J.B. Books, the fictional gunfighter that the late, great John Wayne portrayed in his last movie, The Shootist, is riding across the plains when an armed highwayman attempts to rob him. “You hold it right there,” says the robber, “just throw me your wallet.”
Books reaches into his inside left coat pocket with his right hand, replying, “Yes sir!” Drawing a derringer with the wallet and tossing the wallet aside, he says, “A little something extra.” He fires one shot into the bad guy’s gut, ending the robbery attempt. A little something extra is what all armed citizens are comforted by when carrying concealed. And, when it comes to packing a lot of power into a little package, it is tough to beat a Bond Arms derringer.
Recently I had the chance to meet Bond Arms’ owner, Gordon Bond, and Amy, the Bond Arms Girl, at a media event. My time there did not allow for a full gun test and evaluation, so I later contacted Gordon Bond, who sent me a few representative Bond Arms guns for a proper hands-on examination.
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Fit and finish were well executed on all of the samples received. Grips are pleasing to the eye and properly fit the hand. Ergonomics are sound, with the ability to smoothly cock and fire. (It should be noted that the Bond Arms derringers are not designed or meant to be “cocked and locked” and then carried in a holster.) The crossbolt safety adds another level of security to prevent unintentional discharges and can be engaged if the gun has been cocked but not shot and used to safely “lower the hammer.” The barrels on the Bond Arms guns can be easily swapped out for others. For instance, you can order the Ranger in .410/.45 Colt and, with an Allen wrench, easily swap in another barrel in typically less than a minute.
Reloading is a relatively straightforward process, with the Bonds’ break-open design. The Bond design hinges at the top with a very secure knurled release on the left side of the frame. The hammer will still fall if the safety is pushed to the left, or to the “on” position, but is blocked from impacting the firing pin. Once you get used to rotating the handle to keep the cartridges in their chambers after loading, it is a non-issue. Most Bond Arms guns have triggerguards, which increases safety and reduces the risk of unintentional discharges. This is aided by the well-designed crossbolt safety on the frame, right under the thumb for right-handed shooters.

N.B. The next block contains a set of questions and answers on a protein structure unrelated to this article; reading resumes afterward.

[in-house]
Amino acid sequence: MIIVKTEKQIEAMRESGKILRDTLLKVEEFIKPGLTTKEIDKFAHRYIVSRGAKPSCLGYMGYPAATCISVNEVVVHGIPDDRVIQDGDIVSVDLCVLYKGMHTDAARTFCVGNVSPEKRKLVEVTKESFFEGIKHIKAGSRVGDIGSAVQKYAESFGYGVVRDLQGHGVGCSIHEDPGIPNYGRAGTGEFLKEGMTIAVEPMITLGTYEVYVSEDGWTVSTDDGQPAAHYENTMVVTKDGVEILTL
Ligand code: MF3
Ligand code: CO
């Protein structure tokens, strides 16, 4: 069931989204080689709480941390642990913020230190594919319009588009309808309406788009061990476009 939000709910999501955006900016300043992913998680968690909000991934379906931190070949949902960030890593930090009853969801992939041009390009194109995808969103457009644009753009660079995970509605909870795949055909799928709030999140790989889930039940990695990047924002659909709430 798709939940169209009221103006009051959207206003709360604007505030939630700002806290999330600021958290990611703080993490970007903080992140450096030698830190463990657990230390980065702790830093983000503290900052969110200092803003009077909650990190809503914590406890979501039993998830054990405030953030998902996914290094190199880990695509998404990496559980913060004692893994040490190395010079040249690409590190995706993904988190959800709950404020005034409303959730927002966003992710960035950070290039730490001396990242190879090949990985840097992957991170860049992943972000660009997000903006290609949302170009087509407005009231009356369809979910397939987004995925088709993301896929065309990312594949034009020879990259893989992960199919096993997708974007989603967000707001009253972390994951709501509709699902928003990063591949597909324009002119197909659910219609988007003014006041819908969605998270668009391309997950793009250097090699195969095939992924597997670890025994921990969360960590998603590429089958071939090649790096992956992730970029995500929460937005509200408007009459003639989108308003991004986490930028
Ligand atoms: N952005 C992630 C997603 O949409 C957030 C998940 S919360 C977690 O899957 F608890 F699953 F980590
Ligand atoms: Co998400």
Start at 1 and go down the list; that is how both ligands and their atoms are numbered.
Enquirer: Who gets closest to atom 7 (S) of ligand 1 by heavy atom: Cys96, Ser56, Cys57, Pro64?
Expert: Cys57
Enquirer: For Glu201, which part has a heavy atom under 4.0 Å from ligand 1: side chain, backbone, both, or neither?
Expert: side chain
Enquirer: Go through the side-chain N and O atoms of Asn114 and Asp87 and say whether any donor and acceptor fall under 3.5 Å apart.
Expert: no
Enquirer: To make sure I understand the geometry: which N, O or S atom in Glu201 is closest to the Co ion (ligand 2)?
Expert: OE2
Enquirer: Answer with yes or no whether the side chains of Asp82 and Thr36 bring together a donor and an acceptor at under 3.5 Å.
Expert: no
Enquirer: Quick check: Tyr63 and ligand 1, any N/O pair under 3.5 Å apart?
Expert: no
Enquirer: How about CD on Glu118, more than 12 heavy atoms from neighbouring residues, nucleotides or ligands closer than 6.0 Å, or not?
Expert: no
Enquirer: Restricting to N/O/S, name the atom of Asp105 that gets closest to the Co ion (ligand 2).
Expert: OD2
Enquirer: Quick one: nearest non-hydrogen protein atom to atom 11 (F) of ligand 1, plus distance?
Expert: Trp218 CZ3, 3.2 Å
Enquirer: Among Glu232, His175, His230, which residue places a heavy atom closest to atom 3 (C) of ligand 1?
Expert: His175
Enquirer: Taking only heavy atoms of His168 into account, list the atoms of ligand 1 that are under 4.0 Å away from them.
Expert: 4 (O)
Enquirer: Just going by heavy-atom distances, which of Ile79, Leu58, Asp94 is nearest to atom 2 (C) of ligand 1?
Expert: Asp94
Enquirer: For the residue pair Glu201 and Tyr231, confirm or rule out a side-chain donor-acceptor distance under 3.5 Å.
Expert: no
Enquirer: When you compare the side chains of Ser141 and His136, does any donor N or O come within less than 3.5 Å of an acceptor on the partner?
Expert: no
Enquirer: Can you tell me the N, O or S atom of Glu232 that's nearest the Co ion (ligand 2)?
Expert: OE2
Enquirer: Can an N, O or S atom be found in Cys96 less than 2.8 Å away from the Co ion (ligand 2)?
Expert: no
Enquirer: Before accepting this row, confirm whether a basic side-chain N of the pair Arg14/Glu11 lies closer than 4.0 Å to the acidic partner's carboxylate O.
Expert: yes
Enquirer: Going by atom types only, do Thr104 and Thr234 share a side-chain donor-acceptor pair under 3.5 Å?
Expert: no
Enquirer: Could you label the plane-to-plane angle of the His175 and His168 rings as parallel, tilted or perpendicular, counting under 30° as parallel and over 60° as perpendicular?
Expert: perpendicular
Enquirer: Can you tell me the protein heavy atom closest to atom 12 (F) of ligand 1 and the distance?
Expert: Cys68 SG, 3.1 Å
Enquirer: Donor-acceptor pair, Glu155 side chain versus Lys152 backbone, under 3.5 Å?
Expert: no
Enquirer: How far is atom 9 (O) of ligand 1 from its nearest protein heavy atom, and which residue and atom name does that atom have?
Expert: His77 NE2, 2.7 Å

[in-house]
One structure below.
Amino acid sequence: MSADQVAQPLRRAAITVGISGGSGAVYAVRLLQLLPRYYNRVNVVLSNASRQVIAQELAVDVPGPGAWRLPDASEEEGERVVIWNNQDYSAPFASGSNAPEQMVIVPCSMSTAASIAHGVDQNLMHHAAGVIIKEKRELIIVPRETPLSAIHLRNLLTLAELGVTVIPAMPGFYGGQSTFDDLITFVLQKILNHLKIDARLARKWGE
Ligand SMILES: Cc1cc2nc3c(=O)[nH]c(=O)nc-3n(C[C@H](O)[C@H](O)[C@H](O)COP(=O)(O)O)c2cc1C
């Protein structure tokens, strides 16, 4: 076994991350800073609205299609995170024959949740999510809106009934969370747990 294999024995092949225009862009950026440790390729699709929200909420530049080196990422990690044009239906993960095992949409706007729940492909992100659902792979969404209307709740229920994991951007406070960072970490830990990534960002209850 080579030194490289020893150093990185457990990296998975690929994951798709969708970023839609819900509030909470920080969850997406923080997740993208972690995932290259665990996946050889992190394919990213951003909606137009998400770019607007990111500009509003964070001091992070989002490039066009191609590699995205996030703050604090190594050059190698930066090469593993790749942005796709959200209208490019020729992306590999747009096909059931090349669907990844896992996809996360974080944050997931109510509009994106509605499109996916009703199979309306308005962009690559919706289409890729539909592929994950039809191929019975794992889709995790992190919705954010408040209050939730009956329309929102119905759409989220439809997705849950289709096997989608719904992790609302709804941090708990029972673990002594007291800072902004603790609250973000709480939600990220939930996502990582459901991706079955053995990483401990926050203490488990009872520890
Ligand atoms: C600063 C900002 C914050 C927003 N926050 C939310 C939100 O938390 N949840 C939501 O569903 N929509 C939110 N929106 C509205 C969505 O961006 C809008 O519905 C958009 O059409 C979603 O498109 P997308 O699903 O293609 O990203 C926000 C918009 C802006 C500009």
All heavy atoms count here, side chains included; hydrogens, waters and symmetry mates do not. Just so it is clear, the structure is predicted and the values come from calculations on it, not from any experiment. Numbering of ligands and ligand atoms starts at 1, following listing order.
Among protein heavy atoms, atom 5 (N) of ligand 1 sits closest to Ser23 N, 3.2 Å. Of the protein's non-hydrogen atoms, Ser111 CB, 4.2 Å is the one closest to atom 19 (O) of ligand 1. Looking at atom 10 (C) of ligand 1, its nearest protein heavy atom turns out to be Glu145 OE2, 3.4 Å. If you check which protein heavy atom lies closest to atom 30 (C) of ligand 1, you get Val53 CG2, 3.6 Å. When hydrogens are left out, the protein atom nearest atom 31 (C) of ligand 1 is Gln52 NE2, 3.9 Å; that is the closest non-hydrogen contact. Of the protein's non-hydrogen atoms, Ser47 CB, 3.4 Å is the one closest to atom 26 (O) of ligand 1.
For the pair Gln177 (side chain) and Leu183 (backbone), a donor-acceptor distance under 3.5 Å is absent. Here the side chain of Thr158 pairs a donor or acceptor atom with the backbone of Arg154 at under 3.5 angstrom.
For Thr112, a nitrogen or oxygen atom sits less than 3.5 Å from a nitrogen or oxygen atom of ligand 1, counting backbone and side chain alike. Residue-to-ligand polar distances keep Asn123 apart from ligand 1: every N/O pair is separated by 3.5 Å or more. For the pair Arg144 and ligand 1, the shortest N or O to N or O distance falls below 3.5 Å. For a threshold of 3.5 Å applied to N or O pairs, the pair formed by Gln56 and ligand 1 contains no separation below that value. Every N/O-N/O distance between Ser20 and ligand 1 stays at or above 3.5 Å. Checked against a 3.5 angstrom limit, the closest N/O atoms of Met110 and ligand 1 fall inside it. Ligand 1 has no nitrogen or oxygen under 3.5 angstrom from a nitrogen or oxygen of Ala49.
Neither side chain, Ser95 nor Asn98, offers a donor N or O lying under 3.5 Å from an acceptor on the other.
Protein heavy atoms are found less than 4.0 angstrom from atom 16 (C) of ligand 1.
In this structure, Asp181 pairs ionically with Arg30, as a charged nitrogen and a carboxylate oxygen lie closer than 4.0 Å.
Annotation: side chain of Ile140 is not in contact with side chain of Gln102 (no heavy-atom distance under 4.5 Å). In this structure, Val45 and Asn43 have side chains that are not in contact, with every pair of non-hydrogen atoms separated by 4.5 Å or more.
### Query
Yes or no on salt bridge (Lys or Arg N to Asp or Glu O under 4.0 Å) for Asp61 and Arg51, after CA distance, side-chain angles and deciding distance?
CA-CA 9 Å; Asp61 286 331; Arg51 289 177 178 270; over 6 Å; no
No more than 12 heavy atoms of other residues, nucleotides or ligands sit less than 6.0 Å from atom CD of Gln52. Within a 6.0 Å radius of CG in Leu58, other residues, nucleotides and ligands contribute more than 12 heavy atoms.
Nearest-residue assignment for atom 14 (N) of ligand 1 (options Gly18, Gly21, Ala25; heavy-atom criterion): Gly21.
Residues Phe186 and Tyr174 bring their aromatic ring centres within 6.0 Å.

Derringers On Deck
I had the opportunity to put some rounds downrange and even carry a Bond Ranger II (.410/.45 Colt), a Bond Mini (.38 Special/.357), a Bond Backup (9mm/.45) and a Cowboy Defender (.410/.45 Colt). All shooting was at relatively close range (5 yards and in). I could manipulate and fire the Bond derringers equally well with one hand as with two. This kind of surprised me, as did the lack of recoil while firing one-handed. Truth be told, firing the Backup in .45 ACP one-handed was the most pleasant shooting I did with all of the guns, and it had the setup I would choose if I were to carry a Bond Arms gun for backup.
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In order to fire, place the safety in the “off” position (press from left to right), cock the external hammer and then press the trigger. If a second shot is needed, repeat the process. Shooting the Bond Arms derringers from low ready, I was able to cock the hammer as I presented the handgun to target, fire one shot, then cock and fire the second in about two seconds.
Seconds & Thirds
Some may say that two shots are not enough for a concealed handgun. And I would usually agree with that when we’re talking about a primary handgun. Snub revolvers, compact 9mms and .380 ACPs are not my preferred guns to carry as primaries. But clothing and the occasion sometimes require you to carry a smaller handgun. When I do, I prefer to carry a second or third gun, which just adds to my family’s safety.
As someone who teaches guns and tactics for a living, I understand rule #1: Have at least one gun. Following this rule has kept me safe for years.
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As a citizen carrying concealed, you don’t have all the options that law enforcement officers have. Do you carry a second gun? Do you understand that you must “hold the line” until law enforcement gets there? How about arming a trained and unarmed friend or significant other with a concealed Backup or Defender from Bond Arms? What happens if your main concealed handgun malfunctions, is taken from you, or runs dry with no reloads in sight? When I carried the Bond Arms Backup in my right front pants pocket during a large family activity, it was comfortable and comforting, and backed up by the 1911 pistol on my hip.
In preparation to defend yourself against a violent attack, along with proper mindset and practice, it’s nice to have a little something extra. A Bond Arms derringer is just that, and in a serious caliber it may even qualify as a lot of something extra.
For more information, visit http://www.bondarms.com or call 817-573-4445.